The Crisis of Murdered and Missing Indigenous Women
There is a crisis of murdered and missing Indigenous women (MMIW) in the United States. Outside of Native American communities, however, not many seem to be aware of this tragedy.
The statistics are alarming. A recent study by the Urban Indian Health Institute (UIHI) revealed that only 116 of the 5,712 cases of murdered or missing Native women were logged into the Department of Justice’s nationwide database.
U.S. attorneys’ offices declined to proceed with 37 percent of cases from Indian Country, according to a 2017 report published by the Department of Justice. Seventy percent of those declined cases were due to lack of evidence.
The Center for Disease Control and Prevention reports that murder is the third leading cause of death among American Indian and Alaska Native women.
Rates of violence on reservations can be up to 10 times higher than the national average.
However, no research had been done on rates of violence among American Indian and Alaska Native women living in urban areas, even though 71 percent of them live there. A lack of data and an inaccurate understanding of missing and murdered indigenous women and girls creates a false perception that the issue does not affect off-reservation American Indian and Alaska Native communities.
Native communities around the country have organized chapters and organizations to bring attention to this cause. They are working to lobby state legislatures and Congress to address the lack of knowledge and action, and to address the knowledge gap in discerning which branch of government should respond when an indigenous woman is missing or murdered.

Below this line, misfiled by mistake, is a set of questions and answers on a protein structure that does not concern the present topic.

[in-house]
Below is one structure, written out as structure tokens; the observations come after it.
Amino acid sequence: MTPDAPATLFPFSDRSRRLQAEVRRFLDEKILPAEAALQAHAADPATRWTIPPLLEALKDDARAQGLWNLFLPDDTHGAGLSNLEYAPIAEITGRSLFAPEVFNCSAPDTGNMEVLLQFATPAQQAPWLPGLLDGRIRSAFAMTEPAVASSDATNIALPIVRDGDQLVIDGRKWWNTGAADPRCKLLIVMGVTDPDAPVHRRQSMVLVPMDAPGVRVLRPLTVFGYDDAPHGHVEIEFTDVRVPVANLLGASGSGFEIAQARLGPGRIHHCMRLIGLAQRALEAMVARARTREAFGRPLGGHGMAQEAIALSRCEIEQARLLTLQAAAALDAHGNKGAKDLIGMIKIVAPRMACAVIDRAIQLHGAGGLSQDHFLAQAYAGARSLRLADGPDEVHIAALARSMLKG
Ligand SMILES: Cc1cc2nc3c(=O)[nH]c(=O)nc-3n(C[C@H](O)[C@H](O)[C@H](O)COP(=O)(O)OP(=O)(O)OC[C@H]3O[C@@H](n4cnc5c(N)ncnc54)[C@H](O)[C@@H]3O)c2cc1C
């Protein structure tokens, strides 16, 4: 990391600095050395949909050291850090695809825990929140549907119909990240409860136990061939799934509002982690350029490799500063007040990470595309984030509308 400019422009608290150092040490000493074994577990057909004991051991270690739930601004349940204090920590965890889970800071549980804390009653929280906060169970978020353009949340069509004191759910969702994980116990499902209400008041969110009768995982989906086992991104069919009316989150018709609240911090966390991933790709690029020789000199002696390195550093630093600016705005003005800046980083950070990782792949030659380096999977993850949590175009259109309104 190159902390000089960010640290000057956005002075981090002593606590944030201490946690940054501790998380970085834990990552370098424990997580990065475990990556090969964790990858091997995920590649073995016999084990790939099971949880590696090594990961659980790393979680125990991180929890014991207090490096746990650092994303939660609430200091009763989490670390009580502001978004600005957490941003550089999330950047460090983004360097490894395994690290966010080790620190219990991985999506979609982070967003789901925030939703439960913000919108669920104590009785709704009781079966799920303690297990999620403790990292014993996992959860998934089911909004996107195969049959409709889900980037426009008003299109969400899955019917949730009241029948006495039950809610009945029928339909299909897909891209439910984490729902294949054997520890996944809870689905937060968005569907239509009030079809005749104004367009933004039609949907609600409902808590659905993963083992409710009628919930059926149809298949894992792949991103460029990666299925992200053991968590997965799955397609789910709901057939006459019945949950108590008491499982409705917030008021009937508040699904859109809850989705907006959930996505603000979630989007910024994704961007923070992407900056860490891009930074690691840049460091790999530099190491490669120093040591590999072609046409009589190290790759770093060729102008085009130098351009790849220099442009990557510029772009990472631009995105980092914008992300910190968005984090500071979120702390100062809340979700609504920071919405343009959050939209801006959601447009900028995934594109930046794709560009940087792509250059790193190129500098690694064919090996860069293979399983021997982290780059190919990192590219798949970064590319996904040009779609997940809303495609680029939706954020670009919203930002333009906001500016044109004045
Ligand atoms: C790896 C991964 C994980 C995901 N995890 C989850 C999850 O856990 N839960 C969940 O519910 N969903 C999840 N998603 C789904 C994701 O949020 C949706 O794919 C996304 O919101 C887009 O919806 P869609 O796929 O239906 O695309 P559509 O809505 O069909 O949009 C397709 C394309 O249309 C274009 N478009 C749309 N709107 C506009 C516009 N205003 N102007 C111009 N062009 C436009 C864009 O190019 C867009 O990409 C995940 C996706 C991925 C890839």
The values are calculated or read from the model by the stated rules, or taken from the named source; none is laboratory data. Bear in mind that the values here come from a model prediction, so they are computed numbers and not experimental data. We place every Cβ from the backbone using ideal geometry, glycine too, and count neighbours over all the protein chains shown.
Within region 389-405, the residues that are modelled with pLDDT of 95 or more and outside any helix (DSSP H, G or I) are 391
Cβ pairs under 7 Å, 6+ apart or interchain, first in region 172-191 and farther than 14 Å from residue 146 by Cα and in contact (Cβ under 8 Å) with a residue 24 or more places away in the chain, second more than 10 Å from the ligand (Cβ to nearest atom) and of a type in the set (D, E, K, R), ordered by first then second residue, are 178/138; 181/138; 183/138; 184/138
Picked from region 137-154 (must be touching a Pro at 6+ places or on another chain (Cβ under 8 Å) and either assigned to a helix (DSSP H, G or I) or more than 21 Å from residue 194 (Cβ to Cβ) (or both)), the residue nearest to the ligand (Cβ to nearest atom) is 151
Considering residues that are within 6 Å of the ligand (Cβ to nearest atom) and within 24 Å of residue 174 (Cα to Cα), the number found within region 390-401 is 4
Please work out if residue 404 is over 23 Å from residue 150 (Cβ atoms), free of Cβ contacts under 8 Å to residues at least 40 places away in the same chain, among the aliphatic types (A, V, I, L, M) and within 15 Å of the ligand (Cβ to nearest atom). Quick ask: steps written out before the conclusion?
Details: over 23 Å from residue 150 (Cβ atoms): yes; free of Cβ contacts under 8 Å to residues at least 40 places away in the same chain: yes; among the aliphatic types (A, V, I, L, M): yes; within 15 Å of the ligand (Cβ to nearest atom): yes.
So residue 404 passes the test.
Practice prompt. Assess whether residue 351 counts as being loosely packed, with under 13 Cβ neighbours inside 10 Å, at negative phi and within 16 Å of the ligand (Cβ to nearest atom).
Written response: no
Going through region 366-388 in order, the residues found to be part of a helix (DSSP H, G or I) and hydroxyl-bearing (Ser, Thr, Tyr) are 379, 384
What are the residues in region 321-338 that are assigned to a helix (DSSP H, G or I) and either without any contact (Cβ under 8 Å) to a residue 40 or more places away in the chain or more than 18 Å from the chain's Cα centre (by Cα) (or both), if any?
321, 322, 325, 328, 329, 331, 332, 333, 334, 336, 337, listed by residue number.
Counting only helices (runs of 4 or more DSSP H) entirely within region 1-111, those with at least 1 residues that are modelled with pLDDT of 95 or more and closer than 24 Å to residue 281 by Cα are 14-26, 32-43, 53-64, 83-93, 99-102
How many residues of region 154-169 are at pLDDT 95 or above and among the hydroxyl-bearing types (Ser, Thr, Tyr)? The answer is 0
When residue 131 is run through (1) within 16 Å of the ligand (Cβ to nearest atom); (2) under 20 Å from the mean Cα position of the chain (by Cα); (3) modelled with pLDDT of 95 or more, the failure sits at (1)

Oklahoma is tenth in the nation for missing or murdered Indigenous women. The concern has been close to many in the Oklahoma Indian Missionary Conference (OIMC).
During the Memorial Service at the 2019 OIMC Annual Conference, we remembered Ida Beard, 29, who was missing for four years. Ida was a member of one of our OIMC Churches, and her great-grandmother was a pastor in our conference. I was surprised when the congregation was asked to stand if they had been affected by persons who were missing or had been murdered. Several throughout the conference stood up. It certainly hit home for me to see how many tribal families had been affected.
I saw her cousin at the event and I asked about Ida. She told me how hard it was to get the local police and others agencies to look into her case. It was only when someone outside of the Native community became aware and a state legislator found out that authorities began to look into Ida’s case. This is the case in many places where the police don’t look into these cases.
Early this month, there was an event educating persons on the crisis across Indian County. Persons directly affected by family members who are missing or have been murdered gathered to share their stories of pain and also to discuss ways to combat this issue.
Pictures of those missing and murdered scrolled across the big screen of the event as participants gathered for the event. It was painful to see and hear family members talk about their loved ones and yet, determined to find answers to and to commit to work to draw more attention to this grievous issue.
“The two day event was at times difficult to listen to but this tough subject was full of important information,‘ said Roxanna Foster, participant at the event and member of North Oklahoma City Native American Ministry.
Keynote speaker, Michael Nance, NamUs Regional Program Specialist opened with the question, "How will it impact you?” He identified how ambiguous loss can be most traumatic by a perceived missing person, not knowing if the missing person is alive or deceased.
He said, "One wakes up to the same nightmare every day and you are unable to move forward with your life.”
Rev. David Wilson is the Conference Superintendent of the Oklahoma Indian Missionary Conference.